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Cleopatra VII, Last Queen of Egypt

Consort of Julius Caesar, Wife of Marc Antony

Cleopatra is one of those legendary and romantic figures of history who have captured the imaginations of every generation since her own time. She was the subject of one of Hollywood’s most popular movies, and her character in this movie was portrayed by an actress whose powerful intellect and personality, as well as whose human weaknesses, were similar to Cleopatra's own.

Cleopatra was an ambitious woman, determined to rule her kingdom and keep it out of the hands of the ever more powerful and expansionist Romans in Italy to the West. She was considered to be one of the most intelligent and canny female rulers of all times and was not afraid to utilize her feminine charms to advance her political ambitions. She was the lover of one powerful Roman leader and married to another.

Cleopatra was born in about 69 B. C., the daughter of Ptolemy XII and Cleopatra VI. When her father died, she and her brother Ptolemy XIII were to rule Egypt jointly. It was the custom amongst Ptolemaic rulers that brother should marry sister and rule jointly. This was to ensure that none of the powerful families would gain enough influence to control the throne of Egypt. Instead of marrying her, Ptolemy exiled her and took over the throne himself. Cleopatra gathered an army and tried to take back what was rightfully hers, but was having no success.

In 48 B. C., Julius Caesar landed in Egypt, searching for Pompey, whom he had defeated at the battle of Pharsalus earlier that year. Some Egyptians thought they could gain Caesar's favor by murdering Pompey and presenting his head to Caesar, but Caesar instead mourned the death of a friend, even though Pompey had been his rival. Cleopatra, with her talent for seduction and a flair for the dramatic, used a much more subtle way to gain the attention and affection of Julius Caesar. She had herself rolled up in a carpet, and, disguised as a gift to the famous Roman, she was delivered by one of her slaves to Caesar's camp. Immediately captivated by her charm and wit, Caesar fell madly in love with the Egyptian queen.

Over the course of the next three years, the two royal lovers joined forces to defeat and kill her treacherous brother, took a trip up the Nile, and planned to carve out an empire for themselves. After Ptolemy XIII's death, she was compelled by custom to marry her other brother, Ptolemy XIV.

Caesar then took Cleopatra to Rome and set her up in a household of her own. Cleopatra had a son by Caesar whom she named Caesarion. Cleopatra was not very popular with the Romans, who resented this foreign queen who had seduced their popular leader. When Caesar was murdered in 44 B. C., Cleopatra decided that the wise thing to do would be to return to Egypt and try to make the best of things. After Caesar's death she got her second brother out of the way by poisoning him. She then ruled jointly with her infant son.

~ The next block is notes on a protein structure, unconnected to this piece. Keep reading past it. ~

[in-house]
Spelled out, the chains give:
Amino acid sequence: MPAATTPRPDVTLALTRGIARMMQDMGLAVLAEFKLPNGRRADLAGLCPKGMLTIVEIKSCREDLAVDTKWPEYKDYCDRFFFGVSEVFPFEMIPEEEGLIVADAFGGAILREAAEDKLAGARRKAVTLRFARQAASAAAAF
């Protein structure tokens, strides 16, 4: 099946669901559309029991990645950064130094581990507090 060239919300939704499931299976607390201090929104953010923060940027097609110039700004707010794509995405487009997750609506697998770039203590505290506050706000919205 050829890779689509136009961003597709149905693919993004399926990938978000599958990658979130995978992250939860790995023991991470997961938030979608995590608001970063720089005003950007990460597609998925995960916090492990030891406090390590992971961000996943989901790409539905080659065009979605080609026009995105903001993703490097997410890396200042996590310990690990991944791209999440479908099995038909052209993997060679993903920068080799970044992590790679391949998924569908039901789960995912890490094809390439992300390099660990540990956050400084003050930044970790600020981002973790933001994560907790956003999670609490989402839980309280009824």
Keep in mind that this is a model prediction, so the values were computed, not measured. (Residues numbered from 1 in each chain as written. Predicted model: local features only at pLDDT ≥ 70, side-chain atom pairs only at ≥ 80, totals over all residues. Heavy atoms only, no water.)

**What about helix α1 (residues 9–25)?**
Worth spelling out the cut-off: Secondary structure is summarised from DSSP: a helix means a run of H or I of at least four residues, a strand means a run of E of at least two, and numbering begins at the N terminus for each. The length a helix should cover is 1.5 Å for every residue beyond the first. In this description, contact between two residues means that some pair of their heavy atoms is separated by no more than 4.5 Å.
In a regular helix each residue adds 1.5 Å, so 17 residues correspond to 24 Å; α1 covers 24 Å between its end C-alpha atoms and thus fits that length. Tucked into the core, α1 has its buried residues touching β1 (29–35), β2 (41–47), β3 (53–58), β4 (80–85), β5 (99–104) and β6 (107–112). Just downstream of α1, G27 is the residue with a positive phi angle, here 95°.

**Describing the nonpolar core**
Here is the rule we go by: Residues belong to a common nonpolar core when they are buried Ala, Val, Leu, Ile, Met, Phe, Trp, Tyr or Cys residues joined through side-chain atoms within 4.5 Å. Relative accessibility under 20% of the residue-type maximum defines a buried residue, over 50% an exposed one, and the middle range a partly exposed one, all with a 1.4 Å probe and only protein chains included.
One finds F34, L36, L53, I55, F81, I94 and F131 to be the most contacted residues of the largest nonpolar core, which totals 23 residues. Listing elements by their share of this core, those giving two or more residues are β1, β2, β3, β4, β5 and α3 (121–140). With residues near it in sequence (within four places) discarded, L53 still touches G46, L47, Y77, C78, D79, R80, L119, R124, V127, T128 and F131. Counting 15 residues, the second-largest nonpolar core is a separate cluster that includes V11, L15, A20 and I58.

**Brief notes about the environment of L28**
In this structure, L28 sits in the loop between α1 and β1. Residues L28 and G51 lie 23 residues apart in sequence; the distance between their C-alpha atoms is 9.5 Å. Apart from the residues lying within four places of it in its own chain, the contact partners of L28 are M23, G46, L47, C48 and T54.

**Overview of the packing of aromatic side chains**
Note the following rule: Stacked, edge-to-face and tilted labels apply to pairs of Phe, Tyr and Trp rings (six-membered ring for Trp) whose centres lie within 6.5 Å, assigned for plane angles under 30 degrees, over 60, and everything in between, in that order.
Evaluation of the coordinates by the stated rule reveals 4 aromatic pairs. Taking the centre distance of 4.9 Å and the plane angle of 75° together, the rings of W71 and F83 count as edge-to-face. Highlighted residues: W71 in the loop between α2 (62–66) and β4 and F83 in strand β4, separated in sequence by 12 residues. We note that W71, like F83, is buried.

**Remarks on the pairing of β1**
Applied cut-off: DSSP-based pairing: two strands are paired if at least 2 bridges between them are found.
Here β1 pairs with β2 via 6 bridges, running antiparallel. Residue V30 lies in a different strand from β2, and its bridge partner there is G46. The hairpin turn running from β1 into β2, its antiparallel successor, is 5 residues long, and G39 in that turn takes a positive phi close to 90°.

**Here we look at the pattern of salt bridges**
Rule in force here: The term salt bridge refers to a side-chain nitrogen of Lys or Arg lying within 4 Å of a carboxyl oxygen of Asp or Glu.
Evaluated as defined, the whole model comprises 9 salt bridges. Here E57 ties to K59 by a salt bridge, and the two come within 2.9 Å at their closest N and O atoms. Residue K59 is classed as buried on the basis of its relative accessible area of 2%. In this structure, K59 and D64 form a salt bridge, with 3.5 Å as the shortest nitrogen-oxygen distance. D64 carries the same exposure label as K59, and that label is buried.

By this time, the rivalry between Marc Antony and Octavian had heated up to the point of becoming open civil war. Antony summoned Cleopatra to his camp to have her declare her loyalty to his cause or face the consequences. Instead, she came to him with her court, her royal barge all decked out in splendor. Of course, Cleopatra was the center of everyone’s attention, a rich and powerful Eastern queen surrounded by luxury.

Antony could no more resist the Egyptian queen than Caesar could before him. With Antony eating from the palm of her hand, she believed that she could use Roman military might to further her plans to build an Egyptian empire. Antony fell in love with and eventually married Cleopatra. In the meantime, Octavian was denouncing Antony and his Egyptian queen, saying that he wanted only to make Rome part of an Oriental empire ruled by a despot.

As time went on, Antony lost more and more support from Roman soldiers and citizens alike. The forces of Octavian were becoming stronger day by day. The showdown between the two was not long incoming. At Actium, in 31 B. C., Octavian's naval forces defeated Antony's fleet after Antony himself deserted them. It seems that Cleopatra, who had joined her ships with Antony's fleet, decided to cut and run in the midst of the battle. In fact, the battle was nowhere near a lost cause until after she had fled. Antony chose to take a boat himself and join his lover in flight instead of remaining with his men. The battle was soon over with most of Antony's men deserting or surrendering after he had gone.

Antony and Cleopatra had only a few short months left. After Actium, Octavian's army inexorably pushed onward, conquering Egypt after some spirited but wholly inadequate resistance. With troops entering Alexandria, Cleopatra retired to her own tomb to await the end. Antony had fallen on his sword in despair, but survived his suicide attempt long enough to be taken to Cleopatra, where he died in her arms. Cleopatra herself, rather than be taken alive, preferred suicide. She could not face the prospect of having to march in shame and degradation in Octavian's triumph, having once been a proud queen of an independent Egypt. As Roman soldiers searched noisily in the streets of Alexandria for Cleopatra, she accepted a final gift from one of her faithful serving girls. Hidden within a basket of fruit was a deadly poisonous asp. The bite from the snake was painless, and Cleopatra held the serpent to her breast. The poison worked swiftly, and her two servant girls followed her in death. When the soldiers finally broke into the tomb and roughly demanded where Cleopatra was, only one girl had enough life remaining to tell them that in death, Cleopatra had escaped her captors.

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